• There may very well have been another host in between the bat/pangolin and the first human infection, as we have seen with HeV
• The structure of the virus seems to be very similar to coronaviruses infecting pangolins naturally, and so it’s looking pretty likely that the whole pandemic may have started from ingesting one of the most poached animals on the planet (how’s that for karma?)
• If the disease originated in China, why would it suddenly be present in a different species, found thousands of kilometres away? The chances of it jumping from humans back to animals are lower than the chances of the disease jumping to humans in the first place.
Spread Seeds, Not Rabies
So there you have it. Are Flying-foxes winged vermin hell-bent on infecting you, your family, and your favourite pets? Not even close. Are they carriers of rabies, pandemics, and bad credit ratings? Not in the slightest. Are they intelligent, far-travelling pollinators with the ability to regenerate forest at a rate of 60,000 seeds per bat, per night? THERE you go. Flying-foxes, or ‘sky puppies’ as they are affectionately known by those who work closely with them, are incredible creatures vital to the ongoing health of ecosystems across almost the entire eastern side of Australia. They are beautiful, misunderstood creatures who are, to put it simply, trying to find food, avoid predators, and get on with the important ecological duties that they are on this earth to do.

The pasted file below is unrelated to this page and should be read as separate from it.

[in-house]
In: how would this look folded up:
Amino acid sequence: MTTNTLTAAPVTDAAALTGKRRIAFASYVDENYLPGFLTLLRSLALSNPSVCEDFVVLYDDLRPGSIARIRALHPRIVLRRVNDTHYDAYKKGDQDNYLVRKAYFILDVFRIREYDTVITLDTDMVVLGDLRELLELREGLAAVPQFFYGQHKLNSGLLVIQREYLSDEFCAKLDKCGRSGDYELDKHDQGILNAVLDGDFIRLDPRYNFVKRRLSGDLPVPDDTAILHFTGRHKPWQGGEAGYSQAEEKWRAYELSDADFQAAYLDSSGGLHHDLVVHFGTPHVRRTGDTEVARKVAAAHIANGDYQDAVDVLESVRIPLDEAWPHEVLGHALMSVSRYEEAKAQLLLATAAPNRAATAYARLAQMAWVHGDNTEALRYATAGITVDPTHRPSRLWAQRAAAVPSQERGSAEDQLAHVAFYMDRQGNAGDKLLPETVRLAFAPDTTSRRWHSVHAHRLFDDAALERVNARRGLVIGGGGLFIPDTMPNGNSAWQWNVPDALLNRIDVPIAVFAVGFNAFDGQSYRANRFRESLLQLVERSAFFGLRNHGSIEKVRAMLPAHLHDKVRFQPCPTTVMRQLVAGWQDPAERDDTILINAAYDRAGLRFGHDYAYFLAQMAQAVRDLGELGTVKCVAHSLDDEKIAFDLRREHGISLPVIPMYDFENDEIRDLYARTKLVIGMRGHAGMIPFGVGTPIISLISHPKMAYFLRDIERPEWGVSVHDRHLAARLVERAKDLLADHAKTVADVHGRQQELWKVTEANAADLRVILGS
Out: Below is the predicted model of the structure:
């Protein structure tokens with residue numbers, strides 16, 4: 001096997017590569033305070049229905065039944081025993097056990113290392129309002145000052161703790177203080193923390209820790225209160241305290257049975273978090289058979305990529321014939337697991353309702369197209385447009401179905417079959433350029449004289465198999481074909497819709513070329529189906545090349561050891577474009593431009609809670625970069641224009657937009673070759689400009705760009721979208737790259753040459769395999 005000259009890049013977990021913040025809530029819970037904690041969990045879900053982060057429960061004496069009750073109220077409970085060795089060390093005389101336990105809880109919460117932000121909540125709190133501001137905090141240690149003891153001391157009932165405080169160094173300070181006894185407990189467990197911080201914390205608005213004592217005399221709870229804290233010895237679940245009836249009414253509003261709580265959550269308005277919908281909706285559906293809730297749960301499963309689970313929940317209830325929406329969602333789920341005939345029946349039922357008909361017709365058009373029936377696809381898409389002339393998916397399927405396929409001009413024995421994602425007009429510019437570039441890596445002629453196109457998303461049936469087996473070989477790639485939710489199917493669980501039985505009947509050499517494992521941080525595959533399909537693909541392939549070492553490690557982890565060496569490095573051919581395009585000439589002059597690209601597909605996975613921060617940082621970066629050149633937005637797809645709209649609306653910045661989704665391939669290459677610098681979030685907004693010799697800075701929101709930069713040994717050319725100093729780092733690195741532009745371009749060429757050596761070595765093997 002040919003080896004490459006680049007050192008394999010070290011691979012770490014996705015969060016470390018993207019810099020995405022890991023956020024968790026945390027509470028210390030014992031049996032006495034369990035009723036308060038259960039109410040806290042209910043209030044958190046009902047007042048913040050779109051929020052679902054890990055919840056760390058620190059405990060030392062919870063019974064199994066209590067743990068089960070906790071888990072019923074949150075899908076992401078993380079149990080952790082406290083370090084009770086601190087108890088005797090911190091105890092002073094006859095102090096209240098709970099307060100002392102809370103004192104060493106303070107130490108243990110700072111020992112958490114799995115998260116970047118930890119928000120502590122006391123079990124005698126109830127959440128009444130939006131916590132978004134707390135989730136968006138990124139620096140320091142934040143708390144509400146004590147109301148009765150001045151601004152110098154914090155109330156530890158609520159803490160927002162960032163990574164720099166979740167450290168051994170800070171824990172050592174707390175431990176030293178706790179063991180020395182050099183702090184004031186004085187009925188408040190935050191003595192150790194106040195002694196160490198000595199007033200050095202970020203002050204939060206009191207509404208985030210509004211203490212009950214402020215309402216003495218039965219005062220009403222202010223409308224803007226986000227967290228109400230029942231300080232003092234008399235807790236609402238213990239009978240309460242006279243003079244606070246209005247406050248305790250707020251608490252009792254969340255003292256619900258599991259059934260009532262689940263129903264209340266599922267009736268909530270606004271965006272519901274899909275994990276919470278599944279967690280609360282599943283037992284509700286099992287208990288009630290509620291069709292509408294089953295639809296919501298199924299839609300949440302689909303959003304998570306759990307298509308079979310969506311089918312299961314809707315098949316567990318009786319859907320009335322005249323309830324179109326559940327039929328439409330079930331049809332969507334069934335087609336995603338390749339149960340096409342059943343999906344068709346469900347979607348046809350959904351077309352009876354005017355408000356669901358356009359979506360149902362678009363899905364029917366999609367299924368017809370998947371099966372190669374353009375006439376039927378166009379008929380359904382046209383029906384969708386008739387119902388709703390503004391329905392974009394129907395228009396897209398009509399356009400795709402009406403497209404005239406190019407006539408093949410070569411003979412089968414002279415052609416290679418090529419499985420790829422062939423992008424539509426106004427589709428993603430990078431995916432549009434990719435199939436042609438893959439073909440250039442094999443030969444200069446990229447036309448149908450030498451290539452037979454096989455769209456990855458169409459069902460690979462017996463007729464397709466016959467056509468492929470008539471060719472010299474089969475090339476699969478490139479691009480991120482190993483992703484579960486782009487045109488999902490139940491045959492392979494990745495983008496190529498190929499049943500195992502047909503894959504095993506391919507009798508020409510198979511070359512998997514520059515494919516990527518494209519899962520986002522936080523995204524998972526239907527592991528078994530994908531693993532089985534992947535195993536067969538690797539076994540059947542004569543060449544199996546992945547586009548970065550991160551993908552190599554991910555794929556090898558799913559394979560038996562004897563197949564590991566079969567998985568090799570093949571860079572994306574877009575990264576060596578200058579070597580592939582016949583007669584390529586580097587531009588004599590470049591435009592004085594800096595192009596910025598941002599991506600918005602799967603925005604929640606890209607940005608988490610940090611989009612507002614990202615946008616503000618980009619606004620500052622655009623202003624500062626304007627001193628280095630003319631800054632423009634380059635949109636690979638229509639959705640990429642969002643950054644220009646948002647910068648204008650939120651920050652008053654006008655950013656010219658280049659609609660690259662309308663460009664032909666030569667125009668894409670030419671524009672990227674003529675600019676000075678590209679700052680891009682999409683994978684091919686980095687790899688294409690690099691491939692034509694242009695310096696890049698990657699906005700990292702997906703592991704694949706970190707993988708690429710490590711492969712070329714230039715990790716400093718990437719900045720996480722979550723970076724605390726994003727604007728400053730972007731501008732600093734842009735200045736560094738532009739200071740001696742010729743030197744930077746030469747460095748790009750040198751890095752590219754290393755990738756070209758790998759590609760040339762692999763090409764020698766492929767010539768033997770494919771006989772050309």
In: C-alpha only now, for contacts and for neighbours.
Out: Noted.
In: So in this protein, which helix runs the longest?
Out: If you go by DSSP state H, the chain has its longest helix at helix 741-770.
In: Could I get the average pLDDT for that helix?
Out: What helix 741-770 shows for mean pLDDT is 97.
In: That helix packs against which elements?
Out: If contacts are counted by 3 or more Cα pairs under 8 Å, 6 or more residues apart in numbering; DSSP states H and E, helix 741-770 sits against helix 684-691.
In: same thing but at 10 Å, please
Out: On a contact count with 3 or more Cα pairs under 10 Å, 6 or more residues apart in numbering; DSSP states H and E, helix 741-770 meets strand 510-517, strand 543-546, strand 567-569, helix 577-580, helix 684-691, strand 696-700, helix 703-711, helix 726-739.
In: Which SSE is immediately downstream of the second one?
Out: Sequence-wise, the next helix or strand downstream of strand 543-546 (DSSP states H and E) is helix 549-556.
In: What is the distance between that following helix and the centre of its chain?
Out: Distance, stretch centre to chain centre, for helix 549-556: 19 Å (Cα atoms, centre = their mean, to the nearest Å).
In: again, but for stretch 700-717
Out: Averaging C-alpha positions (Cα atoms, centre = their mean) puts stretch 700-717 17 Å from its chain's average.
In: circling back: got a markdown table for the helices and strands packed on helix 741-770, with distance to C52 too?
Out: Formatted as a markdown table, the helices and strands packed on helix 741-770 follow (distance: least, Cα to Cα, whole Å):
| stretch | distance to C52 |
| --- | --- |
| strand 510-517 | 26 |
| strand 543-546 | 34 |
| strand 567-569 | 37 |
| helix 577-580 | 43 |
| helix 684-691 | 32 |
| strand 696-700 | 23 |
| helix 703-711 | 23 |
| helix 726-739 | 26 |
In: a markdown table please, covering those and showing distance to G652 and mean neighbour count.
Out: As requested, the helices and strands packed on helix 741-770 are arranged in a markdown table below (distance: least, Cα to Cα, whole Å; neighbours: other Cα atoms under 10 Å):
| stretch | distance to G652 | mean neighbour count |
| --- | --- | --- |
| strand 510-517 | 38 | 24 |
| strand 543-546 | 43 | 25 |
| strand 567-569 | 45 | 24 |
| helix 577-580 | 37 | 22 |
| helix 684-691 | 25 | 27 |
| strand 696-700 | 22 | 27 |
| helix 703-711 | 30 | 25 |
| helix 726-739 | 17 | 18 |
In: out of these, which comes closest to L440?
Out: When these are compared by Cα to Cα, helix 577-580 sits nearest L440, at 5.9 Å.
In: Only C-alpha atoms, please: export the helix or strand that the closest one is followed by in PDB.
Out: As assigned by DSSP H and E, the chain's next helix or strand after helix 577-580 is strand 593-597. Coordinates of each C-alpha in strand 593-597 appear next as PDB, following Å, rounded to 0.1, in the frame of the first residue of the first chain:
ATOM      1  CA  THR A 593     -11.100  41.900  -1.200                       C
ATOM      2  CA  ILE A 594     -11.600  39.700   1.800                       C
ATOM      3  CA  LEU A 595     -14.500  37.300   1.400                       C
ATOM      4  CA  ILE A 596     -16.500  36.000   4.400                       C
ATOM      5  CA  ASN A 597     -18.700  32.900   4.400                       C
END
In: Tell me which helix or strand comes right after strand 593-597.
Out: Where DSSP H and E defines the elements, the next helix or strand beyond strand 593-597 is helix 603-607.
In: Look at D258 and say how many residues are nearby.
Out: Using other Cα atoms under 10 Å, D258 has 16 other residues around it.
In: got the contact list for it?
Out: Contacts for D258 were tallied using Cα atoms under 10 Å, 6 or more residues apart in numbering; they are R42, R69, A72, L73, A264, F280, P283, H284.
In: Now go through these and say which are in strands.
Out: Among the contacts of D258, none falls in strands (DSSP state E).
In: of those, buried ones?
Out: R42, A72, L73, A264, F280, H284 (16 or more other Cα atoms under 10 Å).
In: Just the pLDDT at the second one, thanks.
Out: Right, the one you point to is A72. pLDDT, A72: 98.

So the next time someone mentions rabies, ‘problem bats’, vermin or ‘Covid-infected demons’, tell them they’re wrong. Spread the love of ‘sky puppies’ to the masses!